A Republican on Racism
by Dan Dodson
(published in the Trenton Times, May 23, 2003)
Roger Hernandez’s column, “A Yankee has to wonder” (May 4), illustrates one of the last vestiges of racism in this country. From his point of view as a Northern Hispanic, he couldn’t understand how patriotic Southerners could consider the prominent use of Confederate symbols in Georgia’s state flag.
As a forty-something, southern, white, Republican, male I can’t either.
The ambivalence Hernandez points to is not confined to Georgia. South Carolina still flies the stars and bars on its capital grounds. The NAACP boycotted the state, yet Hilton Head and Myrtle Beach continue to attract both white and black tourists
Some white folks still think it’s OK to use the “n” word in front of other white people. This has happened to me twice in the last year here in Trenton. What would possess somebody to think that was proper behavior?
New Jersey’s schools are still segregated. Schools in the south are typically integrated on a county level. This has resulted in school populations reflective of regional racial demographics. N.J. officials and voters hide behind our system of independent districts, but this doesn’t make it right.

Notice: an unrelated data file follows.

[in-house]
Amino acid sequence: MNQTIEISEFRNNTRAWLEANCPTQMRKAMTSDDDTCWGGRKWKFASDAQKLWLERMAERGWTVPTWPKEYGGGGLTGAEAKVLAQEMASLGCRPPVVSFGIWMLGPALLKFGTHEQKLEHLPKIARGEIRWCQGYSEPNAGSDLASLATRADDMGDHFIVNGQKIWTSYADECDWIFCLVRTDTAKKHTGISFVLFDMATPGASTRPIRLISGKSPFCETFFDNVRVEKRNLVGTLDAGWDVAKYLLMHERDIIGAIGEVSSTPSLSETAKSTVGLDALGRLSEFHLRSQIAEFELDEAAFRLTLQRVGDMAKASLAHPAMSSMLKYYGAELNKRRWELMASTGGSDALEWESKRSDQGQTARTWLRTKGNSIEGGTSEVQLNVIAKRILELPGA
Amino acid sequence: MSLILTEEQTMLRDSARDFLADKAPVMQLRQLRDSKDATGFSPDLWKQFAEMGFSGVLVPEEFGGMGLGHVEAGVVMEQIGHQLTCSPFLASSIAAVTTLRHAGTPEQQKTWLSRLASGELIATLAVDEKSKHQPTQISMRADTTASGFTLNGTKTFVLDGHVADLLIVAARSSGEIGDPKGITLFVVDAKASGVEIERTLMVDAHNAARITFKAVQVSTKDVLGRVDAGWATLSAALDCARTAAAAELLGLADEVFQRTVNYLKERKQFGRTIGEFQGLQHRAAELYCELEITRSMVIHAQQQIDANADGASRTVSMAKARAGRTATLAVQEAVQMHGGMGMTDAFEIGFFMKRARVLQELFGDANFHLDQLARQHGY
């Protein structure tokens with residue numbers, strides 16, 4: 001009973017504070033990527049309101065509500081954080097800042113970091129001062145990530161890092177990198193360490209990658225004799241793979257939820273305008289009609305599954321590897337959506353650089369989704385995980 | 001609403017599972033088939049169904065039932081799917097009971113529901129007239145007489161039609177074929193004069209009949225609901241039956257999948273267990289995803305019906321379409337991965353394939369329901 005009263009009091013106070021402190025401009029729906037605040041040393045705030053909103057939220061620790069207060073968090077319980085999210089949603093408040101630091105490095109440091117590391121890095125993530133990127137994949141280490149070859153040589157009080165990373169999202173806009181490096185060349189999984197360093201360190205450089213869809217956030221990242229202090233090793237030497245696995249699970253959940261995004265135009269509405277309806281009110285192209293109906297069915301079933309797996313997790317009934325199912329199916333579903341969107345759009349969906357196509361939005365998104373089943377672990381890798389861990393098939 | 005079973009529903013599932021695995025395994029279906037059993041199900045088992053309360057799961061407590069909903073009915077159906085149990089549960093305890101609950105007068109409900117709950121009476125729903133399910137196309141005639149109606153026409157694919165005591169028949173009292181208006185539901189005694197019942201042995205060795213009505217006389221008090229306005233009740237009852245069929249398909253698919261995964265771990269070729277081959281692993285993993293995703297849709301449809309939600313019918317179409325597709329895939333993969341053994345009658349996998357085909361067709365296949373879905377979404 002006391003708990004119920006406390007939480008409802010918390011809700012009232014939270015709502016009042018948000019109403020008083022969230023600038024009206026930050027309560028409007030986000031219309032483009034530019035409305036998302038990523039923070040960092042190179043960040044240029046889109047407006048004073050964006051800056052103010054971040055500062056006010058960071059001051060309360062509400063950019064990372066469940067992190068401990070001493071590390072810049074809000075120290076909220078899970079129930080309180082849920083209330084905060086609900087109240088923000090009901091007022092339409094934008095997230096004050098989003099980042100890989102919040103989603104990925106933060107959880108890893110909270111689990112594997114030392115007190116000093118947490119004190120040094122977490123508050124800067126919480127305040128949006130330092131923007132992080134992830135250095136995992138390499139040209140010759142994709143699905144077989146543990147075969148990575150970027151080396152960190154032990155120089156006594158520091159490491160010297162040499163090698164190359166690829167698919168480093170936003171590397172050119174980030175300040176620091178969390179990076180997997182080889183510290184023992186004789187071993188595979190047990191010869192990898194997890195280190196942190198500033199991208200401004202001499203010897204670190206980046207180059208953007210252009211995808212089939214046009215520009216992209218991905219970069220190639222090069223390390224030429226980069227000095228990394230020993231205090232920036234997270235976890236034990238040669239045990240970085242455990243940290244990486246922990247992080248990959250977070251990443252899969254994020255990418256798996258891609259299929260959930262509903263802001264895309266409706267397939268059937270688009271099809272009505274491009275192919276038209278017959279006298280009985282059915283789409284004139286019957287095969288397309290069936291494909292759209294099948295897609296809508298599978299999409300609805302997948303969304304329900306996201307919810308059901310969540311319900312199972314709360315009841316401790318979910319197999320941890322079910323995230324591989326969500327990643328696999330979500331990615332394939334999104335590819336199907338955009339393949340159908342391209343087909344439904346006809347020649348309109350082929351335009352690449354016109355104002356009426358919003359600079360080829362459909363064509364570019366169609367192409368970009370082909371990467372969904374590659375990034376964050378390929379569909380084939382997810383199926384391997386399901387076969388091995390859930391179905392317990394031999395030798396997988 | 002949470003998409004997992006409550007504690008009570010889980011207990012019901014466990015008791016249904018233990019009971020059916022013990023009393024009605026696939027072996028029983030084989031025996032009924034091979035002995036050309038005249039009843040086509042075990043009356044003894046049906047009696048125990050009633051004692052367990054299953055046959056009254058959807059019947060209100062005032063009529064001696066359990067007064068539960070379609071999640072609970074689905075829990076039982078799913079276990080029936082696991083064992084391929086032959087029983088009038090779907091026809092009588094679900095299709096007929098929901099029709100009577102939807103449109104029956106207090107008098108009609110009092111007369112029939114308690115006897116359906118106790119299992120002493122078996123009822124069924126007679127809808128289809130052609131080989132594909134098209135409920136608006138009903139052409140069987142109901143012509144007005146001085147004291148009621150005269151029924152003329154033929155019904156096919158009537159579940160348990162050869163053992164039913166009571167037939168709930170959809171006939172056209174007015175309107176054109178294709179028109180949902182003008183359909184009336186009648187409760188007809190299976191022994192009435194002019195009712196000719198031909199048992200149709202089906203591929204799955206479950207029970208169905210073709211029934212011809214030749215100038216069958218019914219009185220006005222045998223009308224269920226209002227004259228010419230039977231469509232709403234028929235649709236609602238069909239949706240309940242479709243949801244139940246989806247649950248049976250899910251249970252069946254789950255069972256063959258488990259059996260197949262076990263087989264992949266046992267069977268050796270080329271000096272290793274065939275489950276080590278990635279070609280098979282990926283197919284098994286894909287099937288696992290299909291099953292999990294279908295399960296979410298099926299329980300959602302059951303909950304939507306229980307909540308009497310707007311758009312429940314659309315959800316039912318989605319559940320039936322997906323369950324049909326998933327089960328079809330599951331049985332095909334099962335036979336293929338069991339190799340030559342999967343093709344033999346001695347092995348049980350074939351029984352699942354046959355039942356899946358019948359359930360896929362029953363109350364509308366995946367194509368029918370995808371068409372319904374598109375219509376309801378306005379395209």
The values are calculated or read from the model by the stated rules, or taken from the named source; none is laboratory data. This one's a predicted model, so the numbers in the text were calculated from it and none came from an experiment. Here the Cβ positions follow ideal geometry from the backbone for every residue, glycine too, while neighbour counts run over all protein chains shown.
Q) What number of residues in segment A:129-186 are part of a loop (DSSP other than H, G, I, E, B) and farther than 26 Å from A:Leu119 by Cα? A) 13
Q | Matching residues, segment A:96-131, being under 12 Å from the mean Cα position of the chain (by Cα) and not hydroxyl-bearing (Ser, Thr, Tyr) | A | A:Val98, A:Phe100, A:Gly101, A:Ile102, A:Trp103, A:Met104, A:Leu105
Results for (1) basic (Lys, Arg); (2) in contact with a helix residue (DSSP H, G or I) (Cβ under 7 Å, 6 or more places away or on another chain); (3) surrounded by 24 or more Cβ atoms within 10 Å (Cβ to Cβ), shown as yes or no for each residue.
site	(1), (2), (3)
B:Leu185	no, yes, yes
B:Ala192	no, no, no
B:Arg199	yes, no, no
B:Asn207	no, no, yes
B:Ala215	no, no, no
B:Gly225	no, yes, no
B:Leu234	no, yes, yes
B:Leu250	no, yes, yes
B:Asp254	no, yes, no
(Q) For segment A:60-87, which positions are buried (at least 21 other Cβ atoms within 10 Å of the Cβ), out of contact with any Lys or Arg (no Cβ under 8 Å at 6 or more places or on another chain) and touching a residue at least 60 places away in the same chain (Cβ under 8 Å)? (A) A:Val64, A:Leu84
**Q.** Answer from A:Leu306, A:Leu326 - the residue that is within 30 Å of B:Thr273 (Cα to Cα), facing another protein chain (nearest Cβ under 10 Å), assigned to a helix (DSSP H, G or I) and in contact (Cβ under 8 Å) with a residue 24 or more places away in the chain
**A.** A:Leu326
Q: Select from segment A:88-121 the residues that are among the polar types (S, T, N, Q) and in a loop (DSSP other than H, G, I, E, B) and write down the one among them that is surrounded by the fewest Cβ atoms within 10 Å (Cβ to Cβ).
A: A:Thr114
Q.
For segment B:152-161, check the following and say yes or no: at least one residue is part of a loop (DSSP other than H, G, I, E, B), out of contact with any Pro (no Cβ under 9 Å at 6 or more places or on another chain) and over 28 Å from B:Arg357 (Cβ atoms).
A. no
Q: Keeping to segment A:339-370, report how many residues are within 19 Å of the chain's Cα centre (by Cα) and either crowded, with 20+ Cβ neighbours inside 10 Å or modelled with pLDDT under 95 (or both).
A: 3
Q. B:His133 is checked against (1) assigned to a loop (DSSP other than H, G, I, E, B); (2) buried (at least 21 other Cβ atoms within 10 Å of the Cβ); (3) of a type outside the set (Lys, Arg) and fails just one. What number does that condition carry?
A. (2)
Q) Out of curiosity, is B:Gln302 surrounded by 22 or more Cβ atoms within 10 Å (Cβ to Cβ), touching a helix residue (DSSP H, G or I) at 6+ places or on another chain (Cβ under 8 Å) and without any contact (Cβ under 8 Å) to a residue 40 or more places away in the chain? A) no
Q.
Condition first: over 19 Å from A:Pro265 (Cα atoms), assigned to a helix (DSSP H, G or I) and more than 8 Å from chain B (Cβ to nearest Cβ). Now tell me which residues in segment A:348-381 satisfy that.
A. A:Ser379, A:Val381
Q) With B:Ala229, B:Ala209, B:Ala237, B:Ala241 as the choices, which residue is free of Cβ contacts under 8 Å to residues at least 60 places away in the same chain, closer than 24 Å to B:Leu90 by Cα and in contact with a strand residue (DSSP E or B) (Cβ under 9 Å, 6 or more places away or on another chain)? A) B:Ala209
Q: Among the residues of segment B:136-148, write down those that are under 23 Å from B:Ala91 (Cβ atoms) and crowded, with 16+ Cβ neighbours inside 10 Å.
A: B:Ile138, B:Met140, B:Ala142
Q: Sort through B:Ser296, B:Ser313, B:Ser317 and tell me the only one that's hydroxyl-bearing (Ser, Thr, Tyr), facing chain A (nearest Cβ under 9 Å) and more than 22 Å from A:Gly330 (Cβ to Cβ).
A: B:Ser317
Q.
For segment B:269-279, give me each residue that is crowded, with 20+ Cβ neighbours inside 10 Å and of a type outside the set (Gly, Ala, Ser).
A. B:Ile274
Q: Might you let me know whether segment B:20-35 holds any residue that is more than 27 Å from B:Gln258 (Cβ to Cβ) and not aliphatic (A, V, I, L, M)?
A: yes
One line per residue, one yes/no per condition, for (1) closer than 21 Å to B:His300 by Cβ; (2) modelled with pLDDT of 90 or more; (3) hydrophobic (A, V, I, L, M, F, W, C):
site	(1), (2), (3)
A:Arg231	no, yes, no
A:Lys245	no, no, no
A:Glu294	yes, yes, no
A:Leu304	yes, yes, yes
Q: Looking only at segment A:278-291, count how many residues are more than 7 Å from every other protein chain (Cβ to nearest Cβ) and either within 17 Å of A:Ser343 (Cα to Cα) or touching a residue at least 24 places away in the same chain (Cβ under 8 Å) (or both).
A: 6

These examples are the faces of racism in today’s America. Unfortunately, the war on racism is led by a shrill voice that attacks anything white and male. This isn’t a winning strategy. Rather, I call on white males, better yet, Republicans, to lead the charge.
We made a small start with Trent Lott but much more can be done.
South Carolina’s policy is racist; we should all support the boycott and remind potential visitors of their implicit support for the Confederacy.
When a racist remark is made, confront it. Let those who are less enlightened know that they are outside the norms of civilized behavior.
Finally, and this is directed towards N.J. Republicans, take the lead on integrating NJ’s schools. It’s a cop-out to hide behind the system of independent school districts. Republicans support school choice; let’s use it as the hammer to open our state to an integrated society.
The writer is a Leadership Trenton Fellow
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Copyright 2002, Dan Dodson